“Bill hand feeds the chickadees and nut hatches,” says Jodi, explaining how he patiently stood with feed in hand to gradually gain their trust.
Along the west side’s screen porch, the couple displays hanging baskets and impatiens. They add drama with large caster beans and banana trees. In the arched windows along the home’s north side, they’ve added window boxes filled with colorful annuals. Along the backyard fence by their charming red barn, Bill plants more raised beds with sunflowers, carrots, beans, garlic, potatoes and multiple climbing loofa vines.
“It creates a beautiful green wall, and I end up with 100 loofas to give away as gifts,” says Bill, regarding the vines on the fence.
On the hillside by the creek, which they call the back 40, Bill and his son created a bonfire pit and added thousands of daffodils and lilies over the years. They’ve also added a two-bedroom log cabin, or kiwi hut as they like to call it, to host his brother when he visits from New Zealand.
Gardening is not all roses for the couple. “My pet peeve is when Jodi brings home a single plant in full bloom and lets it sit in our holding area,” Bill banters. “I can’t just let it sit, so I end up planting it.”
Jodi’s latest purchases were two exotic tropicals— a Bismarck Palm and a Radermachera. Bill will likely be tasked with finding a place to put them.
Bill recalls Jodi’s complaints about planting a purple peony across the street in the Ebenezer ME Cemetery where he voluntarily plants and tends the landscaping. “Luckily, I can still see it out the kitchen window,” Jodi teases, regarding the peony’s location among centuries-old gravesites that include veterans of the Revolutionary and Spanish American wars.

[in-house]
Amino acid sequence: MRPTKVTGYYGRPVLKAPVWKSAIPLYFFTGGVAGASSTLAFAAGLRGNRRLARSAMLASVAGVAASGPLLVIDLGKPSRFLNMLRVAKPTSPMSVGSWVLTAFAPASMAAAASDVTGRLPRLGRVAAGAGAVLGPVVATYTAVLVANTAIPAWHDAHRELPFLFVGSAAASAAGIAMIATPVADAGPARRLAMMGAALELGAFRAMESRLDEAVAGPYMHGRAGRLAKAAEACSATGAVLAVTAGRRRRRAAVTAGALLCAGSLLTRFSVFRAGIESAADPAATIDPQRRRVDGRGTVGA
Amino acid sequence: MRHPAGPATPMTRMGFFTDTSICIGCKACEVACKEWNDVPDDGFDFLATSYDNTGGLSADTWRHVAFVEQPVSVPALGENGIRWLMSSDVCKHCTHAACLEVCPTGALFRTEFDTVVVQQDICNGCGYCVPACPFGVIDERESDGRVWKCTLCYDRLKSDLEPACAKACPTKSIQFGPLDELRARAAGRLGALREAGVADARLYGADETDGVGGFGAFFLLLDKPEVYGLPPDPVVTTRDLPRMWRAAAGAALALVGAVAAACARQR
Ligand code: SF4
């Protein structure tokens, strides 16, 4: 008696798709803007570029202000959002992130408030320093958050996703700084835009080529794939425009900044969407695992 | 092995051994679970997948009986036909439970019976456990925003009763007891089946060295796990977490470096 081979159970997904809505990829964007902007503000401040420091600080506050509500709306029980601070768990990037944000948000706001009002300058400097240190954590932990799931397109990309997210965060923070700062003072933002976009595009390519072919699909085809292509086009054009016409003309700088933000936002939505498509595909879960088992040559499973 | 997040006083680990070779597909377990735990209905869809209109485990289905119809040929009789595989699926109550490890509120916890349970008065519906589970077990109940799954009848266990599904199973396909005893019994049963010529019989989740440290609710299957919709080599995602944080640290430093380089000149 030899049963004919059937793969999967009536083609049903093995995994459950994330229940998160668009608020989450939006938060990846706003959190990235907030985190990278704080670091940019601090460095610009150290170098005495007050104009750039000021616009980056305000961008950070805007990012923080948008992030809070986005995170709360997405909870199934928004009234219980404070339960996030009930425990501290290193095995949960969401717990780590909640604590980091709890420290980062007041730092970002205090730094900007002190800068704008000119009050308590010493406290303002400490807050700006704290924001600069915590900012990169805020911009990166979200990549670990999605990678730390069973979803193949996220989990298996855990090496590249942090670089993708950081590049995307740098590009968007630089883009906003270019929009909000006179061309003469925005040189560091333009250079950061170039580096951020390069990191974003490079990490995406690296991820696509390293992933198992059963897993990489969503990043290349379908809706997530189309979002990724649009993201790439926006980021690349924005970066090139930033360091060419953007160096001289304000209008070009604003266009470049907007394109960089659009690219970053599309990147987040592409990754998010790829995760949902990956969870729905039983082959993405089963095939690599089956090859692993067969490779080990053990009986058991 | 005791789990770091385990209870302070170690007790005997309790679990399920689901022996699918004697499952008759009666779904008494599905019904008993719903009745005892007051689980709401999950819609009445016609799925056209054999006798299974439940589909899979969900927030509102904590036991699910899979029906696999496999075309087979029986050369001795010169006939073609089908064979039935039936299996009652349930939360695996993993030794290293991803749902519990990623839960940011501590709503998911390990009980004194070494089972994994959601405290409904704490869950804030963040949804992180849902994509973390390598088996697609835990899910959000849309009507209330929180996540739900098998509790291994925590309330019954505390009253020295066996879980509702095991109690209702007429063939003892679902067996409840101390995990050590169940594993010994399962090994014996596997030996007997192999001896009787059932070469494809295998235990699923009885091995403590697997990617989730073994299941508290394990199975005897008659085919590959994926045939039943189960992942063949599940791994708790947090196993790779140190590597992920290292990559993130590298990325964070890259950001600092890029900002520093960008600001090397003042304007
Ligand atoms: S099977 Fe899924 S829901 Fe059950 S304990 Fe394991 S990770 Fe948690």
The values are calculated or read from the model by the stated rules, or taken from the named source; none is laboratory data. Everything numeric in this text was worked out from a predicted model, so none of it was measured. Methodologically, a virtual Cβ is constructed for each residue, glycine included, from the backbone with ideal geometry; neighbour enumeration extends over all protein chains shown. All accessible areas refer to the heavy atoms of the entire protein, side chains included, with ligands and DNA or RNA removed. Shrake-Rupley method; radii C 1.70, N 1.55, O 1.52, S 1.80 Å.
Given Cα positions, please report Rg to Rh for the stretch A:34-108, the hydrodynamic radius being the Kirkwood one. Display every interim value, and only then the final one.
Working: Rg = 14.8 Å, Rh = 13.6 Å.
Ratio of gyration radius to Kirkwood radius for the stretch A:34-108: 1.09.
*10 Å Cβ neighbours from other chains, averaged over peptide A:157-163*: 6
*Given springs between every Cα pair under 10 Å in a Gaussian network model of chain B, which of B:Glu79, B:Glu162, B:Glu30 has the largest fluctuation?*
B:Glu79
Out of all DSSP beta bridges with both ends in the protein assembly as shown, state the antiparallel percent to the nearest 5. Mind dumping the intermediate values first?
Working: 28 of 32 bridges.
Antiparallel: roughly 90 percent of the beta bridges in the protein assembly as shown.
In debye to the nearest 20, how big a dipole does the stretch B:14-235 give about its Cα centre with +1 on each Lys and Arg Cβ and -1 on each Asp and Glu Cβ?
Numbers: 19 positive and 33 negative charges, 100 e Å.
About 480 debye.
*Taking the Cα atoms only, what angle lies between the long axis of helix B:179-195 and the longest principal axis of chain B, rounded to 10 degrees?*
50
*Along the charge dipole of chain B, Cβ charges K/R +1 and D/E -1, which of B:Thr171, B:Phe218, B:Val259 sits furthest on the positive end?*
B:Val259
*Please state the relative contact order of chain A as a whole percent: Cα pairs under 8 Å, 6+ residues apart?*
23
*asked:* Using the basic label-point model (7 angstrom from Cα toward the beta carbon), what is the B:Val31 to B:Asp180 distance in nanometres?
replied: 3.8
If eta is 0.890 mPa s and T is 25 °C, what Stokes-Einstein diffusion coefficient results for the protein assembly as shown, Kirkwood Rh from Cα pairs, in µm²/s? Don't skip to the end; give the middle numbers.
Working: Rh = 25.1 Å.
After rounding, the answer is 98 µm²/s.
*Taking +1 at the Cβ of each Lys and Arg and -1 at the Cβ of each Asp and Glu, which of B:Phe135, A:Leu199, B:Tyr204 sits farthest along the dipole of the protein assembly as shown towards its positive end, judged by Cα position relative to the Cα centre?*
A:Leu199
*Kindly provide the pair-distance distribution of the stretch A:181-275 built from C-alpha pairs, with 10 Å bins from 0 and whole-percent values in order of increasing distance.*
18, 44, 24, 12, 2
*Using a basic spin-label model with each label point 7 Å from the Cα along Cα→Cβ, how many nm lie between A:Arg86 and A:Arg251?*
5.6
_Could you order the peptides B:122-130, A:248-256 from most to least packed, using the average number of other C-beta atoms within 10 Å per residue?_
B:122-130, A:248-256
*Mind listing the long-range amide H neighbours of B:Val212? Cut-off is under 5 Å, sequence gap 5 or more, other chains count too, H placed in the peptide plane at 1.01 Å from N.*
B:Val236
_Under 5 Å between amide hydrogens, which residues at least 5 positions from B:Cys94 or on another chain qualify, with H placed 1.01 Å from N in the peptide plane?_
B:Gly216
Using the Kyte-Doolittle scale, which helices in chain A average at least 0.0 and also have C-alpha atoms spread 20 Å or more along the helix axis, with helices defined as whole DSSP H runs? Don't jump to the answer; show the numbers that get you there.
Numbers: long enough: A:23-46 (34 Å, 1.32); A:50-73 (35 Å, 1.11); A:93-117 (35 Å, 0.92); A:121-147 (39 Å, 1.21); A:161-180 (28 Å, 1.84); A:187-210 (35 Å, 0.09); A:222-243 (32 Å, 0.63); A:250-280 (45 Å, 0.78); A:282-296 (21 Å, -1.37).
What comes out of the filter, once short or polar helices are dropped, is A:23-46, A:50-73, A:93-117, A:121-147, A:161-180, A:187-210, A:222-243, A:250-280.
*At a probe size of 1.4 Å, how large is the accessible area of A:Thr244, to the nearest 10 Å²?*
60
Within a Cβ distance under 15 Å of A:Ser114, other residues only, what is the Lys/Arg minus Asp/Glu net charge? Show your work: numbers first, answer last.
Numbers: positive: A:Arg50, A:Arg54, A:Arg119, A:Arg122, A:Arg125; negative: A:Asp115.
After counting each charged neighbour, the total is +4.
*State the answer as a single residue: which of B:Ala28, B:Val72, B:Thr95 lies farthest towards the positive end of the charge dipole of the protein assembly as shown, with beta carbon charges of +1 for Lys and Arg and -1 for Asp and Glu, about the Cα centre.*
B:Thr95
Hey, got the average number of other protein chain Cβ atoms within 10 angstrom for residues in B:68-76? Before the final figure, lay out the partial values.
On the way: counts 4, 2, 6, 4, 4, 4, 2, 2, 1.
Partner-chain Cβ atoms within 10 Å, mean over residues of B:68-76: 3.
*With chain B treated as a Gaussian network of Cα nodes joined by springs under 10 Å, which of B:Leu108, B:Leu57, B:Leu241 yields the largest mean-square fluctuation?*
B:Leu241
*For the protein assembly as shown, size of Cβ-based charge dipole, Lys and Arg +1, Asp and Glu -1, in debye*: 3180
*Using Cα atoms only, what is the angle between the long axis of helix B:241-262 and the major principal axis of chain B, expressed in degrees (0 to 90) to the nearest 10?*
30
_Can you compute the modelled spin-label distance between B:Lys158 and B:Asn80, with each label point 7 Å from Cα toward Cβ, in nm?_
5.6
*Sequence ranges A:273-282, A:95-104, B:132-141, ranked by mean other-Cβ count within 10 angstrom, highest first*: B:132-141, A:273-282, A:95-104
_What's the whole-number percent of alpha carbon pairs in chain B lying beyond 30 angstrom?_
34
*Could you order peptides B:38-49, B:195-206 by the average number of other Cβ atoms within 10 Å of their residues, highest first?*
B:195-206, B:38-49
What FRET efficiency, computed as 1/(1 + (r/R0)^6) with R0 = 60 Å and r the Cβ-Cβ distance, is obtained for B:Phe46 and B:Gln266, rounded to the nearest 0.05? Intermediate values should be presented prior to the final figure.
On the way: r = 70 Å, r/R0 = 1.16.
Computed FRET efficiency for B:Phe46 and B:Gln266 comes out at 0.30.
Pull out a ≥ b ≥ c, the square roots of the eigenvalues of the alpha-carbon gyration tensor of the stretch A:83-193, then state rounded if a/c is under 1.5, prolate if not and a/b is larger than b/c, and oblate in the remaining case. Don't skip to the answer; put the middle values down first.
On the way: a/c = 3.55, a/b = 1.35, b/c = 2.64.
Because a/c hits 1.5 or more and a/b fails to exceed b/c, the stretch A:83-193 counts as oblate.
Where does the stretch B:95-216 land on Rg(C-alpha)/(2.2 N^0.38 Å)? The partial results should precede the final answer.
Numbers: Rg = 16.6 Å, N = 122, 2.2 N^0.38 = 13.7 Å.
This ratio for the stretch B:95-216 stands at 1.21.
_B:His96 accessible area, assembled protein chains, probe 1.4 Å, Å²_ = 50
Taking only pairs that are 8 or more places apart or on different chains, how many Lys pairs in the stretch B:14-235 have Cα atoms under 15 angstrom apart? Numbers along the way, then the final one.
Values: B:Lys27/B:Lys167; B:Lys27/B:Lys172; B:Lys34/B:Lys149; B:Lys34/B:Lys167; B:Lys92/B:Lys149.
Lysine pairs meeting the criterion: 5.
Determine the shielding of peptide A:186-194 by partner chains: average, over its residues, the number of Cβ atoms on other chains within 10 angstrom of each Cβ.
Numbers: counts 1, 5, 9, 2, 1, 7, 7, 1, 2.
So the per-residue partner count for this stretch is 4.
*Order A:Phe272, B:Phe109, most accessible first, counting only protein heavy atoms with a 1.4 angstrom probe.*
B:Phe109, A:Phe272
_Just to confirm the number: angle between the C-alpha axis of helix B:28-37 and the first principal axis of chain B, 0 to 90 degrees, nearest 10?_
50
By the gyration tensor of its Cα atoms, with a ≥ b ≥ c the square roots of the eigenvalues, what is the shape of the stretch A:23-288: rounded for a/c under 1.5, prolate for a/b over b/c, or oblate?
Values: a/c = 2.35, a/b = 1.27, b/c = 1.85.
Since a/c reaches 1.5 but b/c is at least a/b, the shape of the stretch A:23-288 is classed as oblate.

“He’s bossy in the garden, but I’m a fighter when it comes to where we plant things,” says Jodi, explaining that she dislikes seeing exposed dirt, so she fills landscape beds to the brim. Bill, on the other hand, worries about plants overgrowing their space and getting in the way of mowing, edging and weeding.
“We work at it together, and somehow it all comes together,” she says.
Bill appreciates when Jodi keeps a lookout for additions to his beloved conifer collection, shares what she’s learning about tropicals or joins him in one of his many garden art projects.
Their latest project was a new barn door with an artful sunburst. It’s an example of the kind of creativity Bill expresses throughout the property. He may hang Christmas tree lights across the creek, spell O-H-I-O in buckeyes, stack stones in sculptures, create a face for a wig-shaped clematis vine or compose mandalas of flower petals and leaves. He’ll share his creations on Instagram @earth_art_bill and assemble the photos in annual calendars sold to benefit children’s art charities.
“There are times she [Earth] inspires me to create … most times I stand in awe of her creations,” says Bill on his Instagram profile.
When the couple isn’t working in the garden, they enjoy grilling and eating outdoors. “We don’t have to go to a restaurant patio, we have one here,” says Bill, who hopes to add an outdoor mud oven in the future.
For now, the couple shares their daily pleasure in gardening. “This is what’s so fun, coming home to see something different every day,” says Jodi. “It’s like a surprise each day.